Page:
On Saturday, there were two completely ridiculous games that, to me, highlighted why I love this sport so freaking much. I’ve been watching baseball for as long as I can remember, but seriously, you can see something every day you would have never guessed – or rather, predicted – would happen. I was going to write about these games in the Daily Roundup, but they were so epic that I had to give them their own posts. The post about the ~Sunshine Series showdown~ between the Rays and Marlins will come out some time tomorrow, but for now, I turn to Saturday’s game where the Twins took on the Phillies at Citizens Bank Park.
We’ve all heard about the three week or so period where the Phillies really struggled to score runs, but as of late, they seem to be regressing to the mean in a good way. After taking two out of three from the Yankees, they brutalized Minnesota’s starter Nick Blackburn to the tune of eight runs in 1.2 innings on Friday. Philly’s starter Cole Hamels didn’t pitch well in the first inning, allowing three runs. Another unpredictable thing – Nick Punto was intentionally walked. Yeah, it’s because he was the #8 batter and they wanted Hamels to face the opposing pitcher Kevin Slowey, but it’s Nick Punto and there were two outs!
So, anyway. After Hamels finally managed to get out of the top of the inning, the Phillies answered back with three runs of their own in the bottom of the inning. Hamels cruised the rest of the way; he pitched seven full innings and the only other run he allowed was a Justin Morneau home run. Slowey wasn’t so lucky. He gave up a home run to Wilson Valdez (another YCPB moment, since that was the second of his career and his first since 2004!) to start the bottom of the second. After a Hamels single, Polanco double, Utley sac fly, and Howard home run, the score was 7-3 and Slowey’s day was done after just 1.2 innings. Both Raul Ibanez and Jayson Werth hit home runs to make the score 9-4 going into the top of the ninth. Who would have thought the Phillies, who’d looked so offensively stilted for such a long amount of time, would have routed the Twins two straight games in a row?
Only as it turns out, this wasn’t going to be a rout.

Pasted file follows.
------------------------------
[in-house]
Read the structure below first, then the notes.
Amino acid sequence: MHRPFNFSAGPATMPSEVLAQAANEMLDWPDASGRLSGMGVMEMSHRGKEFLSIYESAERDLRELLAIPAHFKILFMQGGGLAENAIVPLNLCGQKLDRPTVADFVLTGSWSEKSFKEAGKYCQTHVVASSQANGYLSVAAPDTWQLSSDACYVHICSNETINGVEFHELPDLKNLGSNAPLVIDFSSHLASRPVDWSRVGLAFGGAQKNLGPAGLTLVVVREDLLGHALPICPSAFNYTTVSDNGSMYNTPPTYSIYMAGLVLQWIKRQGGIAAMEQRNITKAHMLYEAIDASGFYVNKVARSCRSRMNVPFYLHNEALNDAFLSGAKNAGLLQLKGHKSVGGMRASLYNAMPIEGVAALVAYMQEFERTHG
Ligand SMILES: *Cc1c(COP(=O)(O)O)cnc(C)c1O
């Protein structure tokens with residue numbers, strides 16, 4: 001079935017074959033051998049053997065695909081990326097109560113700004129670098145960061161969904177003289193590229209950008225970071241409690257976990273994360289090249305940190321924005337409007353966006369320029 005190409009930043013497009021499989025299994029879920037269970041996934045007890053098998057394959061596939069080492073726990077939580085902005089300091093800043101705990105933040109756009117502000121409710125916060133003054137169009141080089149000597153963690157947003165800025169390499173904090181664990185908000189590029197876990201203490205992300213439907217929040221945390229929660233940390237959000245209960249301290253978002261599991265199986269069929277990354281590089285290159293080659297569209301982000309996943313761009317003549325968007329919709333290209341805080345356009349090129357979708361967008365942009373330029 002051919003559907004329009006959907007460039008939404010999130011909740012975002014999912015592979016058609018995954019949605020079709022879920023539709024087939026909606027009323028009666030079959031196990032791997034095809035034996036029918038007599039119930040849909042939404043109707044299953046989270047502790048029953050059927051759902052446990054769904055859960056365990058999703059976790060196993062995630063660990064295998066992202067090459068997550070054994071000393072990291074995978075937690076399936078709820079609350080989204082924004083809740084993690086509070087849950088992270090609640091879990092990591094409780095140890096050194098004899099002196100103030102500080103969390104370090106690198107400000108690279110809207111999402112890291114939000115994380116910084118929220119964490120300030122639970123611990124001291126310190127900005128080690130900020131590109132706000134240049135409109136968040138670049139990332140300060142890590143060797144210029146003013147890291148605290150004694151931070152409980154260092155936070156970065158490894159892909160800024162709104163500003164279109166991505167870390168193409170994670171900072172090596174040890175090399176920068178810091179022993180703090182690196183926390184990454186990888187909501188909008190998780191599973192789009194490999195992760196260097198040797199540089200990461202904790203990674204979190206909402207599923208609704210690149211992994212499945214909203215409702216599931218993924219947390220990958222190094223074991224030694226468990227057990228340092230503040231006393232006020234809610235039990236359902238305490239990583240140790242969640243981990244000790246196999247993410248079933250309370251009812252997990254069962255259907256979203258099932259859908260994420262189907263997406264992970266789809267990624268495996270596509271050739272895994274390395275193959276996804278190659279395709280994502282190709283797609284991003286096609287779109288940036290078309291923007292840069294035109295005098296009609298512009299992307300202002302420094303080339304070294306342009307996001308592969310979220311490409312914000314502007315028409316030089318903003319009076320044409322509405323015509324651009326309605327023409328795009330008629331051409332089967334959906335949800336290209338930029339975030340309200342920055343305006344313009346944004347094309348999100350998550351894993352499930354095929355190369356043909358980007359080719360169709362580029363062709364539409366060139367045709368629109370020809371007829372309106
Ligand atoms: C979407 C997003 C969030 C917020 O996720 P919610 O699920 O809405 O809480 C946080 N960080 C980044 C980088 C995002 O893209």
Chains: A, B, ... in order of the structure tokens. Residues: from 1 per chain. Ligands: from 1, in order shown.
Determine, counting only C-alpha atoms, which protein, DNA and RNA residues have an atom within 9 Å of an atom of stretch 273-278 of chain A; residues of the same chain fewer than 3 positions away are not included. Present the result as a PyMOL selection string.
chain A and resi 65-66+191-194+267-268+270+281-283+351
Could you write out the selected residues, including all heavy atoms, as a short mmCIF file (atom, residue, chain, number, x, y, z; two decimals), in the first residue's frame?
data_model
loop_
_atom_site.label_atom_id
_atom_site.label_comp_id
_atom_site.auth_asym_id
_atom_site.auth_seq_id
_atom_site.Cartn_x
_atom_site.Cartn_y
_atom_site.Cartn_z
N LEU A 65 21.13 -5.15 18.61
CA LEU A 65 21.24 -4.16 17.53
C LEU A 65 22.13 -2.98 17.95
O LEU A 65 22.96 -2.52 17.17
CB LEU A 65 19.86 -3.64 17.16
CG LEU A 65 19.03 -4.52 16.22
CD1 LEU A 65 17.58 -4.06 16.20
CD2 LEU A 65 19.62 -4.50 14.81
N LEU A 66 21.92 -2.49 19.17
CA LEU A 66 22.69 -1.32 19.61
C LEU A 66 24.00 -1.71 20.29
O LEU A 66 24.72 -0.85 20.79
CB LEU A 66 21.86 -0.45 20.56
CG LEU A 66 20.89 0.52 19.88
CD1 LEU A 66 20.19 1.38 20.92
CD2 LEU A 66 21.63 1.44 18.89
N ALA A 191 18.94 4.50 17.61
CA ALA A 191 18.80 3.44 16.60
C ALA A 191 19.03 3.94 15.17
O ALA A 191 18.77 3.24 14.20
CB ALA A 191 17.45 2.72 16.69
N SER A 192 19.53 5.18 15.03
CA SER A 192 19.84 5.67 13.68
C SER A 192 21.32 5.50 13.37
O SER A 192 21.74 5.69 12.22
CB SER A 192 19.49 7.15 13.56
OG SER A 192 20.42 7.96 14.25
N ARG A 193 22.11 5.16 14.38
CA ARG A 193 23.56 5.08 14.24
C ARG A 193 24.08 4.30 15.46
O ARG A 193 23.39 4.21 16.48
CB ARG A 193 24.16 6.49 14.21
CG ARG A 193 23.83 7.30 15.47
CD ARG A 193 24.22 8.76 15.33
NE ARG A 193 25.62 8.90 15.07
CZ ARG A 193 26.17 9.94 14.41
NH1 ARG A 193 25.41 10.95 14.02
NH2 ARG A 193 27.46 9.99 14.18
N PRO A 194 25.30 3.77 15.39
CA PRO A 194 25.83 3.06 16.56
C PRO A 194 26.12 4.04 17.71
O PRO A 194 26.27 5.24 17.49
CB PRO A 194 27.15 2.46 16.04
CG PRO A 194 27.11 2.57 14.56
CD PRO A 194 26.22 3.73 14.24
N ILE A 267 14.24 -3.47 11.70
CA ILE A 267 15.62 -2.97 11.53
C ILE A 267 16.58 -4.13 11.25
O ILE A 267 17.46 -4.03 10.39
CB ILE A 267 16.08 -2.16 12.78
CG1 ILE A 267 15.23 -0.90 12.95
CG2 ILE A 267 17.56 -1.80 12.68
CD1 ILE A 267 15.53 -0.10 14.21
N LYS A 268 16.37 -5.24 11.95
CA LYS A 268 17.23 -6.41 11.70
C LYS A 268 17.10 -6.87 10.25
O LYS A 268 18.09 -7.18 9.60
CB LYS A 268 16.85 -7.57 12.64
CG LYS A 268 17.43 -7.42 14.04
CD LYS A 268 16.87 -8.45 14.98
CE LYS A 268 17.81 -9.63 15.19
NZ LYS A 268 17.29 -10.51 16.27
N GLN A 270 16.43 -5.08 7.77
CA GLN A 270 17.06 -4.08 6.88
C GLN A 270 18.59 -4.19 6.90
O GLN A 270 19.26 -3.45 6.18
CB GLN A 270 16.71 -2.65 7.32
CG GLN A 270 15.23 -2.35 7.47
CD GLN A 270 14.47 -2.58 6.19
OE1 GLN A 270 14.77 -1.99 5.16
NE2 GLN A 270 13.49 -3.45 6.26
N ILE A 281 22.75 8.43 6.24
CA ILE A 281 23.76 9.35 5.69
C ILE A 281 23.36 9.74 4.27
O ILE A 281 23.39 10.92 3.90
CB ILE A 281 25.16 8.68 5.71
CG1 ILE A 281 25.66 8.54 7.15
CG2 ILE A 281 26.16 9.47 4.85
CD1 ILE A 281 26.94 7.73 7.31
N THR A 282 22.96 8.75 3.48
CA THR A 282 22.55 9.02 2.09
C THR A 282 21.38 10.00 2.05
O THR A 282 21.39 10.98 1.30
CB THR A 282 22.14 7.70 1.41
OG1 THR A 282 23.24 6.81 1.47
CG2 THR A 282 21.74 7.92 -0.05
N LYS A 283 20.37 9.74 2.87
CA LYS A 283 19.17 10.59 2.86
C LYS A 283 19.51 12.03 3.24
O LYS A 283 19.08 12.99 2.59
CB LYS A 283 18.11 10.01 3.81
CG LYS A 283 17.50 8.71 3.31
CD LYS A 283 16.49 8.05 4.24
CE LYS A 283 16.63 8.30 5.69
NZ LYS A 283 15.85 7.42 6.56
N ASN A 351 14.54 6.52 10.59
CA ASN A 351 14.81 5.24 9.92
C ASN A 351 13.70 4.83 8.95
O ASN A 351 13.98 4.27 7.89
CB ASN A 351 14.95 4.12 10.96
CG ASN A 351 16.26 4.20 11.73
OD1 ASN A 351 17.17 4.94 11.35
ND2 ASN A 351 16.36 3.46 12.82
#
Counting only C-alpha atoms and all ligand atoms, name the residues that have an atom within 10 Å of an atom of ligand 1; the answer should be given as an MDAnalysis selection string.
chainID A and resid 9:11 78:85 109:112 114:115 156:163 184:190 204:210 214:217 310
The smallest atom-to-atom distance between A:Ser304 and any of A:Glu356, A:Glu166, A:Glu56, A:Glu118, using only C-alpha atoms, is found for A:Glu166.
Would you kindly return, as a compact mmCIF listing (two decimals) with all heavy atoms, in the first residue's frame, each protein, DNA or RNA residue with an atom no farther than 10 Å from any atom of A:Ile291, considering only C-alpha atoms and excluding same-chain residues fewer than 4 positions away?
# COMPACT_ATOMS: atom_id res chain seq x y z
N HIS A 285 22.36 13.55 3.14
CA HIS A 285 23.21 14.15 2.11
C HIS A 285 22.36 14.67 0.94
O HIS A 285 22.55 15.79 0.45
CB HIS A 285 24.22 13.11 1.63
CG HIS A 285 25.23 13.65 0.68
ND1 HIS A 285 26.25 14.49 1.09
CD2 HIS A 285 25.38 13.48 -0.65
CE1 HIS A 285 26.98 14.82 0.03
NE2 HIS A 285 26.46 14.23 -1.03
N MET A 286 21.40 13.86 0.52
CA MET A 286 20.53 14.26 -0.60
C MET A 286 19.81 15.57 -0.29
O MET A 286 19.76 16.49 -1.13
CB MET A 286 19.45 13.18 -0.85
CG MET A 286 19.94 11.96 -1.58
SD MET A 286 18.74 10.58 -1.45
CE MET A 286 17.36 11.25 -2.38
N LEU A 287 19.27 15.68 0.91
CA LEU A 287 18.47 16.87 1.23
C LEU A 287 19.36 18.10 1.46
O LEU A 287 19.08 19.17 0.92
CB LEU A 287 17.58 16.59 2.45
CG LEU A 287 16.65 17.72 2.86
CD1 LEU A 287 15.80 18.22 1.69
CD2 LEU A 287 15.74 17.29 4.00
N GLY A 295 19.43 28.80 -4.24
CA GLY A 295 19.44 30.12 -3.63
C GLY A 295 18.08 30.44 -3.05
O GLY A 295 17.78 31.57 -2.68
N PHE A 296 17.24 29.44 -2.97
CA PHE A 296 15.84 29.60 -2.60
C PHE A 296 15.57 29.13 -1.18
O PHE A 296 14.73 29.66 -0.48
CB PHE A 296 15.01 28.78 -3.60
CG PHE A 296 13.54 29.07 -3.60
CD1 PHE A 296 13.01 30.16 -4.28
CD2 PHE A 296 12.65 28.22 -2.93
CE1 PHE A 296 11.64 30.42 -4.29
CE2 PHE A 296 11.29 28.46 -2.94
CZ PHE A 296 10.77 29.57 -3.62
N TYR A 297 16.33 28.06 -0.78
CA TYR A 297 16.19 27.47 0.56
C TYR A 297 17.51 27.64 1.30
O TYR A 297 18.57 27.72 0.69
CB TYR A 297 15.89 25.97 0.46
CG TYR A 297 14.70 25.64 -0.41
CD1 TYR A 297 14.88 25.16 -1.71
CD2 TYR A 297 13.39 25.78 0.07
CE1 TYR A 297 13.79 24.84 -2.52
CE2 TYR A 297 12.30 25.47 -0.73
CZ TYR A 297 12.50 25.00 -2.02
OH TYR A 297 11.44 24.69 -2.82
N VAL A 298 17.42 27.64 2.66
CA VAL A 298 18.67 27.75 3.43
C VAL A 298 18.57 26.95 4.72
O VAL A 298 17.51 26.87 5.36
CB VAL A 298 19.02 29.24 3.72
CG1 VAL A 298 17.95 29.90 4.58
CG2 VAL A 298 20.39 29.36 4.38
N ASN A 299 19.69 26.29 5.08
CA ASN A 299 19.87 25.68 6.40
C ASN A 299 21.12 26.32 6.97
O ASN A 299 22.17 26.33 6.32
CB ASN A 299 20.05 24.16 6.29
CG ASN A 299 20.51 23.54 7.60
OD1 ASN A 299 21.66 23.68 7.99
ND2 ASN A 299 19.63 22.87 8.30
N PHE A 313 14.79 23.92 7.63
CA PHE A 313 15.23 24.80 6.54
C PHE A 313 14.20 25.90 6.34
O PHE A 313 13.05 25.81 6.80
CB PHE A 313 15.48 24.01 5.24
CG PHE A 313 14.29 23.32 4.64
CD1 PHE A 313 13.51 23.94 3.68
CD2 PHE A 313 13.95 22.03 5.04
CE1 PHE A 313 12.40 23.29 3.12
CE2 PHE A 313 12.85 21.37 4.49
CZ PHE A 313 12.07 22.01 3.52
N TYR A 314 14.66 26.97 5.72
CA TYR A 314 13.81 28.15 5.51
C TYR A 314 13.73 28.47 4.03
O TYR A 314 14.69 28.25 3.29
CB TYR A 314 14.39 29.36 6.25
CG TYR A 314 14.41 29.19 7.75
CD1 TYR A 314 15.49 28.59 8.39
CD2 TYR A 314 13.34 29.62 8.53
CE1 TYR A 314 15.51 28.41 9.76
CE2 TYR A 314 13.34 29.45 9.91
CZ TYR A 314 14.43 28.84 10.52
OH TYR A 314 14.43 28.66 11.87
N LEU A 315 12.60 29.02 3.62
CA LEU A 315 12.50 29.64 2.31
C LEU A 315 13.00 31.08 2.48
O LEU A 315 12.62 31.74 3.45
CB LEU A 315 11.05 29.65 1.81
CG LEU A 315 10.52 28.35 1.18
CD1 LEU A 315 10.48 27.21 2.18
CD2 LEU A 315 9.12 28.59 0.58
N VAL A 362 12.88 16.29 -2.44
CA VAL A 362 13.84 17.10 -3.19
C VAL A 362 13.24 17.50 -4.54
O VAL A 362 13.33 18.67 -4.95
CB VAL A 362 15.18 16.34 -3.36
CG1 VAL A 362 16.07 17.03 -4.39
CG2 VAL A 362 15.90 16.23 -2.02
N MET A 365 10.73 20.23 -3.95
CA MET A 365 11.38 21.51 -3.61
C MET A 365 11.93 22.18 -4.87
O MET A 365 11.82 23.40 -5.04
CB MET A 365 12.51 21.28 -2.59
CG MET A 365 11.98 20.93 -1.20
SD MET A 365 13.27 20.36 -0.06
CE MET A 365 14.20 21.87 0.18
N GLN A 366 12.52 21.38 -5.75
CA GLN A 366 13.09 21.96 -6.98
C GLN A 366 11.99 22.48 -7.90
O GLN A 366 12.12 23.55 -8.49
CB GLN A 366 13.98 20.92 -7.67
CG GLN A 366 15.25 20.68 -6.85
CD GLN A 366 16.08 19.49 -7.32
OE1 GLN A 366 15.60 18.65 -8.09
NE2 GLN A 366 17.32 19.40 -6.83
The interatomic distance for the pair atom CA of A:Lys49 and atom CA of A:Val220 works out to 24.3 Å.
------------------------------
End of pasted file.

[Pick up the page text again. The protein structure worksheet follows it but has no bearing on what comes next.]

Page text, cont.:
To start the top of the ninth, Philly had one of its best relievers, Jose Contreras, on the mound. My fellow Yankee fans might be surprised to hear Contreras ever referred to as a reliable pitcher but, well… baseball is unpredictable funny like that. Anyway, Contreras hadn’t just been good so far in 2010, he’d been great, with a 1.23 ERA up to that point and sparkling peripherals to match. He began the top of the ninth by allowing a single to Denard Span. After that, former Phillie Jim Thome homered to cut the score to 9-6. Not a huge deal. After a pretty long at-bat, Nick Punto walked. With nobody out and not wanting to mess around, Philly’s manager Charlie Manuel brought in his closer, Brad Lidge.
Lidge got Jason Kubel to pop out to first, but a stolen base and a wild pitch moved Punto to third with one out. Denard Span singled him home, but Orlando Hudson struck out. Two out, but as the tying run, up steps the rather tough out Joe Mauer. On Brad Lidge’s second pitch, which wasn’t even really a bad pitch, just a good piece of hitting by Mauer, the reigning MVP sent it into the Phillies’ bullpen. Unpredictable: That’s just his third home run this year. Way, way more unpredictable: The Twins had entered the top of the ninth down 9-4 – and they’d tied it up. Morneau flew out to end the inning, but the damage was done.
So in the bottom of the ninth, Victorino struck out to begin it, but Polanco and Utley singled. Still tied, all the Phillies needed was a single from one of the suddenly-hot Ryan Howard or Jayson Werth to win the game, but they both struck out. The Phillies had gotten a ridiculous amount of offense in the first two innings of both Twins games, but when they needed one run from the potent heart of their order, they couldn’t get it.
Top of the tenth. Chad Durbin comes in to pitch for the Phillies. Drew Butera – he of the .375 OPS up to this point in the season in 42 ABs – leads off with his first career home run. Seriously, Drew Butera? Anyway, 10-9 Twins. Consecutive singles with two outs made the Twins threaten to add insurance runs, but Nick Punto was tagged out at home trying to score from second on a Denard Span single. That guy should probably just not try to score from second unless he’s totally sure he can.
In the bottom of the tenth, the first two Philly hitters popped out and grounded out against Minnesota’s closer Jon Rauch, but pinch-hitter Ross Gload – with a .579 OPS through 49 PA in 2010 – hit a game-tying home run with two outs. Danys Baez was brought in for the top of the 11th and struck out Hudson, but walked Mauer on four pitches, and then intentionally walked Morneau. Delmon Young drove Mauer home to give the Twins an 11-10 lead, and Matt Tolbert doubled both Morneau and Young home to increase that lead to three runs.
With the way the game had gone already, I was pretty sure that the Phillies would somehow miraculously tie the game up. Unfortunately for those of us that like crazy baseball (and Phillies fans), a Ryan Howard two-out double was all they were able to do against Rauch as the Twins won, 13-10. The Phillies had a 99.3% chance of winning the game going into the ninth inning, by the way. Yikes.
Oh, and for those of you that are into this sort of thing, I believe this is what they refer to as “a WPA graph.” Day-yum.